YouTube User Teaches Native Language and History


YouTube user NDNinLA, Geraldine Chases-her-Tail, has been posting videos featuring an Ojibway language word of the day and an interesting tidbit about American Indian history since 2010.

In this April 28, 2011 video she gears up for the royal wedding of Prince William and Kate Middleton and reviews the Ojibway words for queen, king, and princess, which are ogimaakwe, gighi ogimaa, and ogimakwens.

This is her video from December 3, 2011 when she speaks about a Christmas ornament exchange she attended and the first time a president addressed Indian nations on December 3, 1901:

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sierra's picture
Submitted by sierra on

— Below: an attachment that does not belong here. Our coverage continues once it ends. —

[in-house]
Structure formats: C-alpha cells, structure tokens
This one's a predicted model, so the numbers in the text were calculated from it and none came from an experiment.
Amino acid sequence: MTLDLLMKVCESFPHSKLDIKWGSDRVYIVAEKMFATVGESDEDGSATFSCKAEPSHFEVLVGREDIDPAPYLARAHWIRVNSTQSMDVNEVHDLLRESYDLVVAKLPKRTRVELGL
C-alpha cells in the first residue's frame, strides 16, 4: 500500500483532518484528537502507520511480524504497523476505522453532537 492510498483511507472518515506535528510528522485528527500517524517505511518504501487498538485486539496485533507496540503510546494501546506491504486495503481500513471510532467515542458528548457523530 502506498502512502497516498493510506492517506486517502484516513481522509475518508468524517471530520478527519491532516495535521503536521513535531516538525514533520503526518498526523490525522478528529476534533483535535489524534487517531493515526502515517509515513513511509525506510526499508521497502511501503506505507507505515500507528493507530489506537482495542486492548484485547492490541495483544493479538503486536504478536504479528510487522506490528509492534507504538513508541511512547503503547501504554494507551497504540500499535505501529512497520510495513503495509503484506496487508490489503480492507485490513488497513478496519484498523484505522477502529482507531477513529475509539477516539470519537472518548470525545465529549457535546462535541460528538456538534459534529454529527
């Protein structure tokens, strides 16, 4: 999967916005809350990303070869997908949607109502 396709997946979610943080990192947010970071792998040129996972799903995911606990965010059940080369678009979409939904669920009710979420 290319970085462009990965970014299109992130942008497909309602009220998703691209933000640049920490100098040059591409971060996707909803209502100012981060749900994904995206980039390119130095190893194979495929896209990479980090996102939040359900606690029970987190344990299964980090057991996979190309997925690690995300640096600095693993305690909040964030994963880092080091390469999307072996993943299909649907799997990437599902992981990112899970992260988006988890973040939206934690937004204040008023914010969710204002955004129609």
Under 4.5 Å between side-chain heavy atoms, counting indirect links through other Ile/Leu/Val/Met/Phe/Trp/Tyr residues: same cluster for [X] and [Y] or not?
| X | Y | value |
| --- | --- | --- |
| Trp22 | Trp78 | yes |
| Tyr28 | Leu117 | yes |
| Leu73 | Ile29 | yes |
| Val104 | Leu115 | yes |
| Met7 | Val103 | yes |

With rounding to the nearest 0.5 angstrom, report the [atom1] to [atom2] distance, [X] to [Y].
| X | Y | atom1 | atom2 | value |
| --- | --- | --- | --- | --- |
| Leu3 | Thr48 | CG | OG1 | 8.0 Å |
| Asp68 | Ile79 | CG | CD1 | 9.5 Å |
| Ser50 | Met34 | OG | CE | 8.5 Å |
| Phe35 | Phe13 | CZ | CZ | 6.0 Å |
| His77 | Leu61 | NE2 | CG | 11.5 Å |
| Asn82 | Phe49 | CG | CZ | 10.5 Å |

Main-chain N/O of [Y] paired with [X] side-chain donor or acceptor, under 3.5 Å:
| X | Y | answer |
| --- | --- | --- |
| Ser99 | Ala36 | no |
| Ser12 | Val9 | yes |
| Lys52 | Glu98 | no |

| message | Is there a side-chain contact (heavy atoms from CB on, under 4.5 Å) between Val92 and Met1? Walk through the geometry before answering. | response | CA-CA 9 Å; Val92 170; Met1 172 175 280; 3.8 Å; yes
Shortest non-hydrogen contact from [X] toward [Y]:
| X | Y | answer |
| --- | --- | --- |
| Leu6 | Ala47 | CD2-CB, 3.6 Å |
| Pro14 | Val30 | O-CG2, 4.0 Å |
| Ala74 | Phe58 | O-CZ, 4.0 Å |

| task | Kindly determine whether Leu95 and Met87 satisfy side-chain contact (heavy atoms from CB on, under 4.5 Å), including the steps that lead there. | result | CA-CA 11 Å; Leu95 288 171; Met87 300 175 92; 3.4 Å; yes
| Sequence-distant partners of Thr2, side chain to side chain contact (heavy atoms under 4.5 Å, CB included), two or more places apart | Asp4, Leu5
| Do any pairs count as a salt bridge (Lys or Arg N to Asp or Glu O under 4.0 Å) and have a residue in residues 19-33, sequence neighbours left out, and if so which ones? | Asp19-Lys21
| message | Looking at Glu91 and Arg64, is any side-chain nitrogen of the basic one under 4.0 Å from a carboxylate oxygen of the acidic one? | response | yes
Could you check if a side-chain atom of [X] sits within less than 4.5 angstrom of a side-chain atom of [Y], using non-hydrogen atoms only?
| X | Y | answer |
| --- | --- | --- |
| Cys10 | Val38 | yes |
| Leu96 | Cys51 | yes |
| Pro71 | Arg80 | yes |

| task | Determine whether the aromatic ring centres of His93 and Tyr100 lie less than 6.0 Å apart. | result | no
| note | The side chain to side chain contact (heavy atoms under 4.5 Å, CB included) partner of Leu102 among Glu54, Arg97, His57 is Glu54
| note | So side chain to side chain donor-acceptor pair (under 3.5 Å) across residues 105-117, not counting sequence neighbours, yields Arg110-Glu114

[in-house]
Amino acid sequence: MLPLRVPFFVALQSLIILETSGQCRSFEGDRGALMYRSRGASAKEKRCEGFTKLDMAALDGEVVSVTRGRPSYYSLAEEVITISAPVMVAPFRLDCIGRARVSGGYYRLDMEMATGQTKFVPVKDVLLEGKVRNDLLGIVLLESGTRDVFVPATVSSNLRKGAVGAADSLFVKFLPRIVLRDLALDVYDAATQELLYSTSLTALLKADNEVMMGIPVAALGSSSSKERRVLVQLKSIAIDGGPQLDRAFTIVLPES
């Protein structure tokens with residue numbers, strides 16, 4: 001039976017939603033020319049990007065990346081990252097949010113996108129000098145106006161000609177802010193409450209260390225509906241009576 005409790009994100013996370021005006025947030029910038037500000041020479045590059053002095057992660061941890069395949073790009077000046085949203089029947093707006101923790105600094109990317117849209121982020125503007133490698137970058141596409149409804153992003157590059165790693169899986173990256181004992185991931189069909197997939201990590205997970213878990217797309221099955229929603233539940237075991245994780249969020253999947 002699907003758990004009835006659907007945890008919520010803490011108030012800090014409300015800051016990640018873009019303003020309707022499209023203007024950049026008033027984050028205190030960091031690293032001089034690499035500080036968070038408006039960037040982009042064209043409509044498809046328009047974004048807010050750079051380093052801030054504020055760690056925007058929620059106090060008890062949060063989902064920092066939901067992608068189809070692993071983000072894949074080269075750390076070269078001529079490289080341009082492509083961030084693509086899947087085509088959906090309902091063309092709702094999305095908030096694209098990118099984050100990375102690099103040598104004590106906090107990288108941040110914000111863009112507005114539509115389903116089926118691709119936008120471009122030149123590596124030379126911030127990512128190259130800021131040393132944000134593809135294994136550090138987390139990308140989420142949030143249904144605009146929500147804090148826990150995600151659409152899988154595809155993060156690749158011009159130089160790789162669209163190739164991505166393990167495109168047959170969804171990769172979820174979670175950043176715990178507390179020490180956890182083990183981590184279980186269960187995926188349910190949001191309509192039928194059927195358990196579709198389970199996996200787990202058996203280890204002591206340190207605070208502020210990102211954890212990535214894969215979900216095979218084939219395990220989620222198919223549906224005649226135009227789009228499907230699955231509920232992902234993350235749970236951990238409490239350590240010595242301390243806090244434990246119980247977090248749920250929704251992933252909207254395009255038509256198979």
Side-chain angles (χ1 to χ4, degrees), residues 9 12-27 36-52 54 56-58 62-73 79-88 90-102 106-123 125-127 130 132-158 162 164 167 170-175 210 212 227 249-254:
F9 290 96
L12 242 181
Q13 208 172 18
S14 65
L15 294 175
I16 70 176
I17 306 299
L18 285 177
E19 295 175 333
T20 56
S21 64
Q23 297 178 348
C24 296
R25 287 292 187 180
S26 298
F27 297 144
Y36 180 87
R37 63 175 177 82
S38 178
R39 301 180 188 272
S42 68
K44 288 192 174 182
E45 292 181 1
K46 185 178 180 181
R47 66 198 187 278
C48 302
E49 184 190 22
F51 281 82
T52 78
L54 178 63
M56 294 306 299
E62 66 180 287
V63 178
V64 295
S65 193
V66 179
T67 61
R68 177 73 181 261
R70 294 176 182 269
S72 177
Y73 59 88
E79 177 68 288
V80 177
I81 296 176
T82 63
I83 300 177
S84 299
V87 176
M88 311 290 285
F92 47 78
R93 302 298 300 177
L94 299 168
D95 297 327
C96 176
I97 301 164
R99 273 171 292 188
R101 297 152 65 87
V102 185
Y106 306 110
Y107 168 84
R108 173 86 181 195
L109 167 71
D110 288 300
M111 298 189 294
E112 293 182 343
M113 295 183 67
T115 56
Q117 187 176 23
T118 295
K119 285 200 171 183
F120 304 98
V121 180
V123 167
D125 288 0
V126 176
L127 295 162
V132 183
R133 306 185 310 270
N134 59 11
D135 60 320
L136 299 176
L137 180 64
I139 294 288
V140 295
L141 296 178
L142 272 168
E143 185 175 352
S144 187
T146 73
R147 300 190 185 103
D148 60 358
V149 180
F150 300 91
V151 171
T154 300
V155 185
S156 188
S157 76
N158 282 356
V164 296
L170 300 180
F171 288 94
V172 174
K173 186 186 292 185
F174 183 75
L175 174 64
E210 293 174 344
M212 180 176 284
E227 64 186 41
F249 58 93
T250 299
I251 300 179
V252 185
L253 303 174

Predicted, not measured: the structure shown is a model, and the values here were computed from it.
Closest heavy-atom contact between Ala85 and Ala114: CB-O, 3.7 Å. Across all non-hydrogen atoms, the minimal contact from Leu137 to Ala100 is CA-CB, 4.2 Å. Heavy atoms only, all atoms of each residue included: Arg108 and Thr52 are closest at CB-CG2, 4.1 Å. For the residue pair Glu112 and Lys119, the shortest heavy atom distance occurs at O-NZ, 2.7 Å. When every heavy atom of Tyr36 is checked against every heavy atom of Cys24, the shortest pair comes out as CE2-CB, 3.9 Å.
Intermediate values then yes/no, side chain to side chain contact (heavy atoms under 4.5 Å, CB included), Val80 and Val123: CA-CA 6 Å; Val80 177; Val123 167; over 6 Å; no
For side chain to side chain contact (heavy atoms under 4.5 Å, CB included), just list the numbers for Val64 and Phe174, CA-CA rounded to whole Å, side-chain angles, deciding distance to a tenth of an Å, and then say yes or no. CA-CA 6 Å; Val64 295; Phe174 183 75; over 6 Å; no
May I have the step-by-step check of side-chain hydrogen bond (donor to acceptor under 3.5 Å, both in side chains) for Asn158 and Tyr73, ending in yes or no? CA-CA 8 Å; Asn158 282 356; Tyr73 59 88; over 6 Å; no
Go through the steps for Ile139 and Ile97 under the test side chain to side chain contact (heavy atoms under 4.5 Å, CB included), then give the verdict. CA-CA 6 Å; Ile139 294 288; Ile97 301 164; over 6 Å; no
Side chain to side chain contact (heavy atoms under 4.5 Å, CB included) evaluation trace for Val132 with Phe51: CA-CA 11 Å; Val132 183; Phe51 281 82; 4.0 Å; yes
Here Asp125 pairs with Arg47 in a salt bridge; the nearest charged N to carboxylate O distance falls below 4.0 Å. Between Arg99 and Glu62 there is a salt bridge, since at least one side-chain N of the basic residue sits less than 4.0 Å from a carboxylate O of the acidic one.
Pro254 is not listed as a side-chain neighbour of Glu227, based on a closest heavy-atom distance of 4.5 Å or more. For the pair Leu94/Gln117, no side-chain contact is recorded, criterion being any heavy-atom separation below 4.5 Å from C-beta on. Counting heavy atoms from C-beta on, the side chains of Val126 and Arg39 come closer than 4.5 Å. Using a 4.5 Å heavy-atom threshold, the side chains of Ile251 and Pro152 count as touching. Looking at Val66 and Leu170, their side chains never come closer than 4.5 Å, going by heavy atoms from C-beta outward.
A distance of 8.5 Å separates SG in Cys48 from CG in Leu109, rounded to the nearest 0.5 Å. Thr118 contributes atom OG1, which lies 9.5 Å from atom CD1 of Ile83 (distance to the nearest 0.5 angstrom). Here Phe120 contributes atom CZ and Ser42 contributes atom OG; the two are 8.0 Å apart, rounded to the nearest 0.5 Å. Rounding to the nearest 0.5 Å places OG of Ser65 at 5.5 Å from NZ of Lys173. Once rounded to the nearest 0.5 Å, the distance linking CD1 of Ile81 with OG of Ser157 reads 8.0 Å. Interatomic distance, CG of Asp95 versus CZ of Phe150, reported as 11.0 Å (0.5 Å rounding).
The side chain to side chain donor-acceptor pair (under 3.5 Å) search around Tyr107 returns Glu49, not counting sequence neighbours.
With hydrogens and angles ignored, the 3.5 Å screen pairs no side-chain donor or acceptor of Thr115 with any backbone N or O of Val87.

That's an excellent effort, Geraldine. And your natural look is beaming with the classical features, beauty, pride and contentment. That pride is something I've found when having responded with even a few phrases to speakers, as they get so happy and are more often not judgemental as they're usually the older folks. Same thing I find with the French elderly; they're more willingly to speak English than to get annoyed when the Onkwehon:we don't speak French. Funny thing is, I can write it & pronounce it, I just need to put more effort into speaking it more. And that's one of the challenges we face back here. There are those who can speak it, but can't write it. Then there are those who can fully understand it, but can't speak it. Then there are also those young people who are fluent speakers, but are not so willing to speak it in public. Then there are those who seem to think all the responsibility falls on the children in the immersion program, when the children are overwhelmed with English media and materials. There are also those who believe French is more important than our language. And the list goes on. But the bottom line is there are folks like you who take the initiative and just do it. A Kanienkeha'ka & Oneida friend of mine did it a few years ago too, and there was a good response to them too. I wanted to translate English jokes into the Kanienke'ha language, but that didn't work out for the most part, as the thinking isn't the same. There are no nasty words in Kanienke'ha, except desert, wherein I've asked how to say 'hell' and was told "onéhson" that might be the closest since it means the place where there's no water. Interesting that the Objibway have words for 'king,' 'queen' & 'princess.' I wonder what they translate to. I asked a co-worker a few months ago a few corrections for French words/phrases and after a while, he told me in order to understand French, you have to think like a French person. I couldn't help but think to myself: 'here we go..soo different from the English way of thinking when both societies come from monarchies.' I guess the reason why I thought that right away was becuz my dad (who is a fluent speaker) told me long ago that our way of thinking and being was very different than the white man's way. It was only a few years ago, when I read Ernest Benedict's words in "Forgotten Founders" that I realized that. Only now - all kinds of dictionaries and language programs are out there from foreign languages to English. English, French, Spanish..Interesting too is that if you can speak french, then it's much easier to learn Spanish and Italian. Then again, English IS the lingua franca/main language of the business world..and the Spanish queen WAS told that, that language was the key for empire, but I'm rambling again, teehee. Senhniseriiósten tanon wa'tkonweraton Geraldine tsi satenienten ashatati saowenna. (Have a good day & congratulations Geraldine that you try to speak your language).